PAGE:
John Kanaka

One of the songs Tim sings that tends to bring down the house.  Stan Hugill seems to have been the first to publish the song and he writes that he had learned it from “Harding of Barbadoes” who “sang it with many falsetto yelps and hitches almost impossible to imitate.”  He goes on the explain that the chorus is Polynesian.  A “kanaka” was a word for the Hawaiian crew members of ships who Richard Henry Dana mentions in his “Two Years Before The Mast” as being particularly keen on singing of work songs… Clearly in some form or another these were adopted and adapted by “white” sailors, adding to the already colourful repertoire of working songs.  Stan pointed out one time while I was in earshot that the chorus is “tulai e, oh, tulai e!  John Kanaka ‘naka, tulai e!”  and NOT “Too-Rye-Ay” as many are wont to do… They is no “R” in Polynesian languages and the mistake is likely due to people being used to Irish American songs.  You will find that while most performers of this song share similar verses, there are ALWAYS variations and sometimes new and different verses.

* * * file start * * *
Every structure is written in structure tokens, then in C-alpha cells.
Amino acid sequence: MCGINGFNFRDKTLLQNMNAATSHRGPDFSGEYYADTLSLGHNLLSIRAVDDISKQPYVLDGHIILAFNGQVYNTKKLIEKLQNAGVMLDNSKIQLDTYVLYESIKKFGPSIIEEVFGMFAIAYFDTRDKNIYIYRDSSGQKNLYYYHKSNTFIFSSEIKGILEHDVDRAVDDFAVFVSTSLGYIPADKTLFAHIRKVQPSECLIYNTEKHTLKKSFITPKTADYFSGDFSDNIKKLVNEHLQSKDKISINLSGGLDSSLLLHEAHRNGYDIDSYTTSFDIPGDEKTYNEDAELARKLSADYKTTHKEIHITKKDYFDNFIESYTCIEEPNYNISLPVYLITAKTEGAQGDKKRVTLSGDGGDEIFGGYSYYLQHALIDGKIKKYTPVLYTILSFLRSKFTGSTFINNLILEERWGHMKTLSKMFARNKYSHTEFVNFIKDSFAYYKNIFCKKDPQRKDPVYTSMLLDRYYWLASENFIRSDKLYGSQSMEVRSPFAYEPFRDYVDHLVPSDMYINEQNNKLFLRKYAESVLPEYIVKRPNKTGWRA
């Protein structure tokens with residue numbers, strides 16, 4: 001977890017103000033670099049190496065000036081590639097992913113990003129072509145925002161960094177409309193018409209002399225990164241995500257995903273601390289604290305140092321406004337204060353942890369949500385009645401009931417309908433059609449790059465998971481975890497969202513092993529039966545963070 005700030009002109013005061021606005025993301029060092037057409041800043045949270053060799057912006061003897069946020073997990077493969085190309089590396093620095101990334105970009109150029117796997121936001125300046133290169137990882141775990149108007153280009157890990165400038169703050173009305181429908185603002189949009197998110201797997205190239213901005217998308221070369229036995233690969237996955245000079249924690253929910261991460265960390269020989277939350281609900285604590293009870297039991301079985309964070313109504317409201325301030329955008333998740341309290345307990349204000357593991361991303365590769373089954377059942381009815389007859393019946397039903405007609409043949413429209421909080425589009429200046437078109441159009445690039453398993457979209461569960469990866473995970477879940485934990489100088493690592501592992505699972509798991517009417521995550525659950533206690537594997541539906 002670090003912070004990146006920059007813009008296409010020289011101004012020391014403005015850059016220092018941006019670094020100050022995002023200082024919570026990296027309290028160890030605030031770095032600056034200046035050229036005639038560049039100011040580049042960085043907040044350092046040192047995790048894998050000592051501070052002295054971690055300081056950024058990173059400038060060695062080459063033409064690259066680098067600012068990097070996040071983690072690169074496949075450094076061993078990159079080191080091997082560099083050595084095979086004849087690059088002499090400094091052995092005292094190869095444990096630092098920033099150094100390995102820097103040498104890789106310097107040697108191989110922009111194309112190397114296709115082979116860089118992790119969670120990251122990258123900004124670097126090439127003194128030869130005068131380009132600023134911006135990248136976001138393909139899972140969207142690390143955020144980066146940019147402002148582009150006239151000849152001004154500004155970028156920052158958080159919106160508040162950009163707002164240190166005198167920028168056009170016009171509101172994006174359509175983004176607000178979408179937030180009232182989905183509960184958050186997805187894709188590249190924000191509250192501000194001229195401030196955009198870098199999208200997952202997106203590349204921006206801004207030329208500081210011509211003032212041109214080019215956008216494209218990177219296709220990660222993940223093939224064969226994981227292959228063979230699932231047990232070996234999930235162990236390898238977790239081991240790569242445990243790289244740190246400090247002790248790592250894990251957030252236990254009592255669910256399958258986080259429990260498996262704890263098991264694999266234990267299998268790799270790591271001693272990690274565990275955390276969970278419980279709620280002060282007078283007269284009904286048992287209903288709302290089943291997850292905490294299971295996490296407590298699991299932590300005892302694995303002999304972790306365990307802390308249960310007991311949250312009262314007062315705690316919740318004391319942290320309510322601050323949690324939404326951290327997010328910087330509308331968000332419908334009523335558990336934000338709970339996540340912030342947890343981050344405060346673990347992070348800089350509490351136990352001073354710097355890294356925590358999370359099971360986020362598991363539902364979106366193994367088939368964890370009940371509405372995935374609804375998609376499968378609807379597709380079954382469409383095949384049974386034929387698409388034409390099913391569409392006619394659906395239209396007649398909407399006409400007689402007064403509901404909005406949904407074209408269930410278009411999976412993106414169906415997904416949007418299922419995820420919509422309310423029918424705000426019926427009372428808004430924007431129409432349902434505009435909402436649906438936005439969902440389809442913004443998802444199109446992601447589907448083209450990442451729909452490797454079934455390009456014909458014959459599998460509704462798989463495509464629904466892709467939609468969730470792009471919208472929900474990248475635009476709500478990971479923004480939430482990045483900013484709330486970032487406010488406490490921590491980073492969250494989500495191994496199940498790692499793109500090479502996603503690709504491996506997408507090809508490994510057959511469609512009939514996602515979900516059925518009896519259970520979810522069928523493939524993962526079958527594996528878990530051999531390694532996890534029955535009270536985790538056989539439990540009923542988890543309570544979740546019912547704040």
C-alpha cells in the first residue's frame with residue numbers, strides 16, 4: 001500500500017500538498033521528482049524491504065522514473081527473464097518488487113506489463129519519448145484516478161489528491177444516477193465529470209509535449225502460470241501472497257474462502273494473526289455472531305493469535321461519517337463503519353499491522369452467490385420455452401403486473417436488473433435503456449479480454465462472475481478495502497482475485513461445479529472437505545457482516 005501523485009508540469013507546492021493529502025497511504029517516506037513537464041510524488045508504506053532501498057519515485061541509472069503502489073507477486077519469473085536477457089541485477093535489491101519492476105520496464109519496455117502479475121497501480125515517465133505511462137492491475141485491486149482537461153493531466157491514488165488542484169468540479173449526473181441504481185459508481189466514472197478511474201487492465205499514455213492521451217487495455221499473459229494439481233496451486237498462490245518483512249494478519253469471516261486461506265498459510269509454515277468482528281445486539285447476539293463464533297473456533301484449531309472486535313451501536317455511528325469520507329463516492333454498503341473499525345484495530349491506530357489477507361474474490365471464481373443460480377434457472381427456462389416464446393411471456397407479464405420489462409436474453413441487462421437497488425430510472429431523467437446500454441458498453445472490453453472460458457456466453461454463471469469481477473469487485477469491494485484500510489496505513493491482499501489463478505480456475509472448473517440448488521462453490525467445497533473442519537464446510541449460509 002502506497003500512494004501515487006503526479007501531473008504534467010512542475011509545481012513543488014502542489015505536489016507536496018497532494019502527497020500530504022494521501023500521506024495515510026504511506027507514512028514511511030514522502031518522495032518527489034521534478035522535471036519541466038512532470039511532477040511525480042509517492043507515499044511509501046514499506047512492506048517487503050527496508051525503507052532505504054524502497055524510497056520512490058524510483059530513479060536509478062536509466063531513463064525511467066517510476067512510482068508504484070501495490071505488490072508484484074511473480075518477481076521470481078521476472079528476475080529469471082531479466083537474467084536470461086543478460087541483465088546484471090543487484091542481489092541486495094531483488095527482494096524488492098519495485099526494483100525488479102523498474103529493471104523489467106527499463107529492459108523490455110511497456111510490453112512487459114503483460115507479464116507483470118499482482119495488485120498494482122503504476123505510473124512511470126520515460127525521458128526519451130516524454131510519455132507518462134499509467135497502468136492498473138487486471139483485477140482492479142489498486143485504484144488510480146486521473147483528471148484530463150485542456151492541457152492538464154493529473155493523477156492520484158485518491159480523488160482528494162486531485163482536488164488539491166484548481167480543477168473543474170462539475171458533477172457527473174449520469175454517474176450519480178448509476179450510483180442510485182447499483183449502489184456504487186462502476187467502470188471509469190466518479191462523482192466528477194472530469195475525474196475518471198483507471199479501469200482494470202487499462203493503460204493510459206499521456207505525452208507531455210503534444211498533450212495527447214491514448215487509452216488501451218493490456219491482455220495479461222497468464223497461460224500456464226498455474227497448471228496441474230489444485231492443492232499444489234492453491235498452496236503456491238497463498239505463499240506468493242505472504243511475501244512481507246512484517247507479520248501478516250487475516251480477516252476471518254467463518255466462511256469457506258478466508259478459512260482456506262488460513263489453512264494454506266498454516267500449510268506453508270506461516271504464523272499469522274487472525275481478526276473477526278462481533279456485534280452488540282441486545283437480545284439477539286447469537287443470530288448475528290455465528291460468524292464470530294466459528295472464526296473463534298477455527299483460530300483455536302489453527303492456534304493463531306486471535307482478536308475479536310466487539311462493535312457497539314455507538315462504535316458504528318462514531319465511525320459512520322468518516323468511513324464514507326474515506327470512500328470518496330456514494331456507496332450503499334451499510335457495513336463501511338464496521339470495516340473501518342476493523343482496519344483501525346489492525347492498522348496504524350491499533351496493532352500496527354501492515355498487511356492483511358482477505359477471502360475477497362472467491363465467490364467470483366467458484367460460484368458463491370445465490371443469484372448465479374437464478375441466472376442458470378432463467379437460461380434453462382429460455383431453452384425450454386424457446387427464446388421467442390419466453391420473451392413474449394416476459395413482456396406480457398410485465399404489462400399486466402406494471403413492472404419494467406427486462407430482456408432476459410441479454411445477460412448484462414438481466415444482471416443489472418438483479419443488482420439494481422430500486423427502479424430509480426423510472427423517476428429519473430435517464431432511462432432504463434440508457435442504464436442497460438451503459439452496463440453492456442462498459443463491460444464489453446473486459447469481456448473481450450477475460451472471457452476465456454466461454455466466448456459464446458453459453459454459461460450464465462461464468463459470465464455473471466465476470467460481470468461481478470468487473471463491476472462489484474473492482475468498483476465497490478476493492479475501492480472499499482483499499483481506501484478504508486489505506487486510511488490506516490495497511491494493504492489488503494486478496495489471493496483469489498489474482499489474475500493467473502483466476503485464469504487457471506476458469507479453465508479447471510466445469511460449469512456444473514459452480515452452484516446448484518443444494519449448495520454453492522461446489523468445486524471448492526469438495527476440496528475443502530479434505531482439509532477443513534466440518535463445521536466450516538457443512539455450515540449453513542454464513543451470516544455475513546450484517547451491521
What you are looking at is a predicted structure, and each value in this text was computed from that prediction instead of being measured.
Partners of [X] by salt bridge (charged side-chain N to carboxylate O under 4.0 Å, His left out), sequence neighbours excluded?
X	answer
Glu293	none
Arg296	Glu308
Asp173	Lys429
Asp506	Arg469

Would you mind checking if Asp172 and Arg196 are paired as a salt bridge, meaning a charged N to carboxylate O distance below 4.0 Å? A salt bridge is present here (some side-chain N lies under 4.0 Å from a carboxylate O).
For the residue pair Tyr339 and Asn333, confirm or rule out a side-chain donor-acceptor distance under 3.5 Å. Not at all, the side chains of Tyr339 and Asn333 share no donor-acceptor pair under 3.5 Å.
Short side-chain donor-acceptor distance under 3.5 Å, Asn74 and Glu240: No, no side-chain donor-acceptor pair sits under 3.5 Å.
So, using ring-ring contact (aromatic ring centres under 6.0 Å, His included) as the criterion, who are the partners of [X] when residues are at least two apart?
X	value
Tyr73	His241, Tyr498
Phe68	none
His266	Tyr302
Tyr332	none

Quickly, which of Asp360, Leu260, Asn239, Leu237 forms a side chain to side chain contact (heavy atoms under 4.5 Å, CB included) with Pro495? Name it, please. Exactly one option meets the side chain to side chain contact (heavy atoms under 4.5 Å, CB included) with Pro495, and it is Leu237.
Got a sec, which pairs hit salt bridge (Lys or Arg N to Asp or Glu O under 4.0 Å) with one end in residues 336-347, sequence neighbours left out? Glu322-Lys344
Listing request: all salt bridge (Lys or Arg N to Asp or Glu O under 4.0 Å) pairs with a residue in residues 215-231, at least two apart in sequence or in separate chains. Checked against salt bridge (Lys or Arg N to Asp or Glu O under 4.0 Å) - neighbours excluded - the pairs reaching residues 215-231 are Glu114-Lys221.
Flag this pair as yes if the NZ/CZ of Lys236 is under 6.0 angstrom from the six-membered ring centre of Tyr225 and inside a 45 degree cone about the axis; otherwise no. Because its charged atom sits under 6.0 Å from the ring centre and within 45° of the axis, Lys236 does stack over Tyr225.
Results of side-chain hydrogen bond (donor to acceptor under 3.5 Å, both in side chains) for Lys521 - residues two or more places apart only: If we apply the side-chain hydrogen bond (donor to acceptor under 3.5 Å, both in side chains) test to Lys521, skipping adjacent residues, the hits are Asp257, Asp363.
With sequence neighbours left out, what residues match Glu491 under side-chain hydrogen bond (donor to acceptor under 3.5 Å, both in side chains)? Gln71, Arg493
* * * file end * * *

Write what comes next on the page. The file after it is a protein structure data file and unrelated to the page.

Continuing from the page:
I thought I heard the First Mate say
John Kanaka ‘naka, tulai e!
You’ll work tomorrow, but not today
John Kanaka ‘naka, tulai e!

CHORUS
tulai e, oh, tulai e !
John Kanaka ‘naka, tulai e!

I thought I heard the old man say
John Kanaka…
Today, today is a sailing day
John Kanaka…

CHORUS

We’ll work tomorrow, but no work today,
John Kanaka…
We’ll work tomorrow, but no work today.
John Kanaka…

CHORUS

We’re outward bound from Frisco Bay
John Kanaka…
We’re outward bound at the break of day
John Kanaka…

CHORUS

We’re bound away around Cape Horn,
John Kanaka…
Where you wish to Christ you’d never been born!
John Kanaka…

CHORUS

It’s rotten meat and weevily bread
John Kanaka…
In two months out you wish you were dead
John Kanaka…

CHORUS

It’s one more pull and then belay,
John Kanaka…
For today, today is a holiday,
John Kanaka…

CHORUS

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